MADISON, Wis. (AP) — The grandfather of a northwestern Wisconsin girl whom authorities say was abducted during a home invasion that left her parents dead said Saturday that the family has no connection to the suspect and doesn’t understand why he targeted her, deepening a mystery that has captivated the state for months.
Someone blasted open the door of James and Denise Closs’ home near Barron with a shotgun in October, gunned the couple down and made off with their 13-year-old daughter, Jayme Closs.
Jayme was missing for nearly three months when she approached a stranger in the small, isolated north woods town of Gordon and pleaded for help. Officers arrested 21-year-old Jake Thomas Patterson minutes later based on Jayme’s description of his vehicle. He was jailed on suspicion of kidnapping and homicide.
Investigators have said Patterson’s goal was to kidnap Jayme, but he appears to have no connection to the family. Jayme’s grandfather Robert Naiberg said in a telephone interview Saturday that the only thing the family knows for sure is no one knew Patterson. He said that Jayme told FBI agents she didn’t know him at all.
“He didn’t know Jayme, he didn’t know Denise or Jim,” Naiberg said. “(Jayme) don’t know him from Adam. (But) he knew what he was doing. We don’t know if he was stalking her or what. Did he see her somewhere?”
The news that Jayme was safe set off joy and relief in her hometown of Barron, population 3,300 and about 60 miles (96 kilometers) from where she was found. The discovery ended an all-out search that gripped the state, with many people fearing the worst the longer she was missing.
“My legs started to shake. It was awesome. The stress, the relief — it was awesome,” Barron County Sheriff Chris Fitzgerald said, describing the moment he learned Jayme had been found.
Jayme told one of the neighbors in Gordon who took her in that she had walked away from a cabin where she had been held captive.
“She said that this person’s name was Jake Patterson, ‘he killed my parents and took me,'” said another neighbor, Kristin Kasinskas. “She did not talk about why or how. She said she did not know him.”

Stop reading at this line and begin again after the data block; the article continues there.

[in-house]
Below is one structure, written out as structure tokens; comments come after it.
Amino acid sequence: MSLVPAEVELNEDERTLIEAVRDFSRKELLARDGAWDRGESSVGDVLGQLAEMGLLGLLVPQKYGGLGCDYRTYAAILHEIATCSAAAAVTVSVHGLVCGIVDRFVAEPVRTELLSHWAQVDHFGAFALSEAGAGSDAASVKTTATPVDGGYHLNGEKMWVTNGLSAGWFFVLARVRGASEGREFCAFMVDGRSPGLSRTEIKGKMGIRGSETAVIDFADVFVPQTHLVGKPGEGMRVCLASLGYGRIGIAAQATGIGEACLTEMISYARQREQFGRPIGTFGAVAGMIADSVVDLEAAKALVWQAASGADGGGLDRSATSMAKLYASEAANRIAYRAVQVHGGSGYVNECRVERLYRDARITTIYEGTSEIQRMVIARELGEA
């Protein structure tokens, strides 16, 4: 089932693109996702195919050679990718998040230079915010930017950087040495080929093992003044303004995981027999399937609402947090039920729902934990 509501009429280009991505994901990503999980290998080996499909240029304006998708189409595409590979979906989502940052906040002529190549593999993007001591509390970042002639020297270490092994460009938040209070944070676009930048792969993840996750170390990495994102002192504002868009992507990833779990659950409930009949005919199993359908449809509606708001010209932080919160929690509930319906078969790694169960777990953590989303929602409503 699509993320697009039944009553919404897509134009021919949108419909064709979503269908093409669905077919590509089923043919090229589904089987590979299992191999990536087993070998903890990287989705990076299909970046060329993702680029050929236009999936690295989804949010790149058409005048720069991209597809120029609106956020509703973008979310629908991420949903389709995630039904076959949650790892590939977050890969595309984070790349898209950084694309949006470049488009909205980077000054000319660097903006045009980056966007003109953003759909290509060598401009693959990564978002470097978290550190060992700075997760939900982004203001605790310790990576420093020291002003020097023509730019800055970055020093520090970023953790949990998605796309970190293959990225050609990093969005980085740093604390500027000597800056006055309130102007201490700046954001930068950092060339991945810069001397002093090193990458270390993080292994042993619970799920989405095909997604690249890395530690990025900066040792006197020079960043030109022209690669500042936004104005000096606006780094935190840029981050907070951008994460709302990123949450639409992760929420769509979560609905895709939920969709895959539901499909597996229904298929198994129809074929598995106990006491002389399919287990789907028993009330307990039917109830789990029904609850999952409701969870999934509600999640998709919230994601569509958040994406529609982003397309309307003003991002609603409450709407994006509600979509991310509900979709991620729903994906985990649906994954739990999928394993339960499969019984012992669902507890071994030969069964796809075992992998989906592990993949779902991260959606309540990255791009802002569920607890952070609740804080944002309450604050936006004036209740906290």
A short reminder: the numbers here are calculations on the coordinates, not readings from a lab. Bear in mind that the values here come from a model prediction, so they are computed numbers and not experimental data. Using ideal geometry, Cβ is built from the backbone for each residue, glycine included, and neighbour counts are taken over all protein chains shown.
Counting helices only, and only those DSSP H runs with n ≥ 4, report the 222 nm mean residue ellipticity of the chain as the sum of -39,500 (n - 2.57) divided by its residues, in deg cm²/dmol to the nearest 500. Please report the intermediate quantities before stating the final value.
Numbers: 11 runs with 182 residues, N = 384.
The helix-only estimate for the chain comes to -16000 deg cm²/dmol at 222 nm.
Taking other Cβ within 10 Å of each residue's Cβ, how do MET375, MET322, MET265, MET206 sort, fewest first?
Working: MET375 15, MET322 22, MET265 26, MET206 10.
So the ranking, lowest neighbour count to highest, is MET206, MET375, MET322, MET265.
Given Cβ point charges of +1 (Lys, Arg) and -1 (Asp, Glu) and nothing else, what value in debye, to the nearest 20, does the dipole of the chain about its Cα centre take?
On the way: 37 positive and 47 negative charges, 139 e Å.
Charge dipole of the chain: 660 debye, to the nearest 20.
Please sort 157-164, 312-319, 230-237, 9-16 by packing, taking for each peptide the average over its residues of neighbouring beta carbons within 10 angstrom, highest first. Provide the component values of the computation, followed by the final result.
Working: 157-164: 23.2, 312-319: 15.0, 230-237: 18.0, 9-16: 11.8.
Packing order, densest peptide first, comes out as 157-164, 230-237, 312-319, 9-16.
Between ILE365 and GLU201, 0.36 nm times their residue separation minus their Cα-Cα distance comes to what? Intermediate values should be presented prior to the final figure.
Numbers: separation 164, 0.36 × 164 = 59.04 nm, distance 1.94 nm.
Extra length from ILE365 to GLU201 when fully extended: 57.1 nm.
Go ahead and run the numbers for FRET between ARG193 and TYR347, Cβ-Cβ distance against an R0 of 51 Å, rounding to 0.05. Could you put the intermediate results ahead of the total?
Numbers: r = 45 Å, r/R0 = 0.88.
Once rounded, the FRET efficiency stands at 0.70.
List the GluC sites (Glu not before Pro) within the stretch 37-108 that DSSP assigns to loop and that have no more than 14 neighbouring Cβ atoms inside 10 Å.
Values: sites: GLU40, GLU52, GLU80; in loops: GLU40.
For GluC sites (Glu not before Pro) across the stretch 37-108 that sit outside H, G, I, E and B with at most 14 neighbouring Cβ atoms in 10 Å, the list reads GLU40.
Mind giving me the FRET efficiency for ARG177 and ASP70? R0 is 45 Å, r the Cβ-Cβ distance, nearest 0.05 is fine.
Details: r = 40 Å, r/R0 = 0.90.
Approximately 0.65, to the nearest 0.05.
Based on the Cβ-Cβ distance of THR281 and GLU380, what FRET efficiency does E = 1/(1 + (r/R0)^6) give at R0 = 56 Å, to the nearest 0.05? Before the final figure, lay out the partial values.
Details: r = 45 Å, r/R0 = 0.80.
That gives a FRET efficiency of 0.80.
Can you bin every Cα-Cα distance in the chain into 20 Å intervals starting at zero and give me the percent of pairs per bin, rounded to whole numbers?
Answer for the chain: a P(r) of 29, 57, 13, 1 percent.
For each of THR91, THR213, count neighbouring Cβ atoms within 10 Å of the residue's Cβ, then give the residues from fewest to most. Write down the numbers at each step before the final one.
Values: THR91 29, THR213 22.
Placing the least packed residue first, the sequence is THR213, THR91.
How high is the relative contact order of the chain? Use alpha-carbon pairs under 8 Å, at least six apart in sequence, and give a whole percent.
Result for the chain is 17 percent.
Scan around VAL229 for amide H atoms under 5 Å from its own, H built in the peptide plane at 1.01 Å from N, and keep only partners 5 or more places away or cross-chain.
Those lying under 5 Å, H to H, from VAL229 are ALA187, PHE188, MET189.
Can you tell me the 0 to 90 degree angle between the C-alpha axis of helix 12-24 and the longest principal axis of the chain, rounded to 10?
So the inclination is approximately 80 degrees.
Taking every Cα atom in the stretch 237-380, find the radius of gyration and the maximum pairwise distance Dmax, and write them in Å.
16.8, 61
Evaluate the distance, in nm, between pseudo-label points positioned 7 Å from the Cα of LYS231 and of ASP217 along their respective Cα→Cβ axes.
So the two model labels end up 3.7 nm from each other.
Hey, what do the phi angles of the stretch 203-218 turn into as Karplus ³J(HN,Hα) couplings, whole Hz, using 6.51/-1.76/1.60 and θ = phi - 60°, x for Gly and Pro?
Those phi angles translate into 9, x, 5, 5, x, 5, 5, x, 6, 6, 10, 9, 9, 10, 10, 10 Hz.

The sheriff said investigators are trying to figure out what happened to Jayme during her captivity and why she was seized, and gave no details on how she escaped except to say Patterson was not home at the time. He said there is no evidence Patterson knew Jayme or her family or had been in contact with her on social media.
“I know all of you are searching for the answer why any of this happened,” Fitzgerald said. “Believe me, so are we.”
Patterson took such measures as shaving his head beforehand to avoid leaving evidence at the scene, the sheriff said. A shotgun was recovered from the home where Jayme was believed held, according to Fitzgerald.
Property records show that the cabin belonged to Patterson’s father at the time of Jayme’s disappearance.
The sheriff said that he did not know whether Jayme had been physically abused.
Naiberg, Jayme’s grandfather, said he spent a few hours with her on Friday. No one pressed her to talk, he said, adding that FBI agents and doctors advised them to let her speak when she’s ready. He said she was largely silent and did not talk about how Patterson had kept her confined.
Patterson was scheduled for an initial court appearance Monday. It was not immediately known whether the unemployed Patterson had an attorney. Prosecutors anticipate filing homicide and kidnapping charges against him on Monday. With those charges will come a criminal complaint that could reveal more details.
Patterson remained largely an enigma Saturday.
He has no criminal record, the sheriff said. He worked for one day in 2016 at the same Jennie-O turkey plant in Barron as Jayme’s parents. But the sheriff said it did not appear Patterson interacted with the couple during his brief time there.
He graduated in 2015 from Northwood High School, where he was on the quiz bowl team and was a good student with a “great group of friends,” said District Superintendent Jean Serum.
Kasinskas said she taught Patterson science in middle school, but added: “I don’t really remember a ton about him.”
“He seemed like a quiet kid,” she said. “I don’t recall anything that would have explained this, by any means.”
Over the past few months, detectives pursued thousands of tips, watched dozens of surveillance videos and conducted numerous searches for Jayme, including one that drew 2,000 volunteers but yielded no clues.
In November, the sheriff said he kept similar cases in the back of his mind as he worked to find Jayme, including the abduction of Elizabeth Smart, who was 14 when she was taken from her Salt Lake City home in 2002. Smart was rescued nine months later after witnesses recognized her abductors on an “America’s Most Wanted” episode.
Smart said in a telephone interview that Jayme’s story is “why we can never give up hope on any missing child.”
For more stories on Jayme’s abduction and her parents’ deaths: https://apnews.com/JaymeCloss
Associated Press writers Jeff Baenen in Barron, Wisconsin; Amy Forliti in Gordon, Wisconsin; Gretchen Ehlke in Milwaukee; and Brady McCombs in Salt Lake City contributed to this report.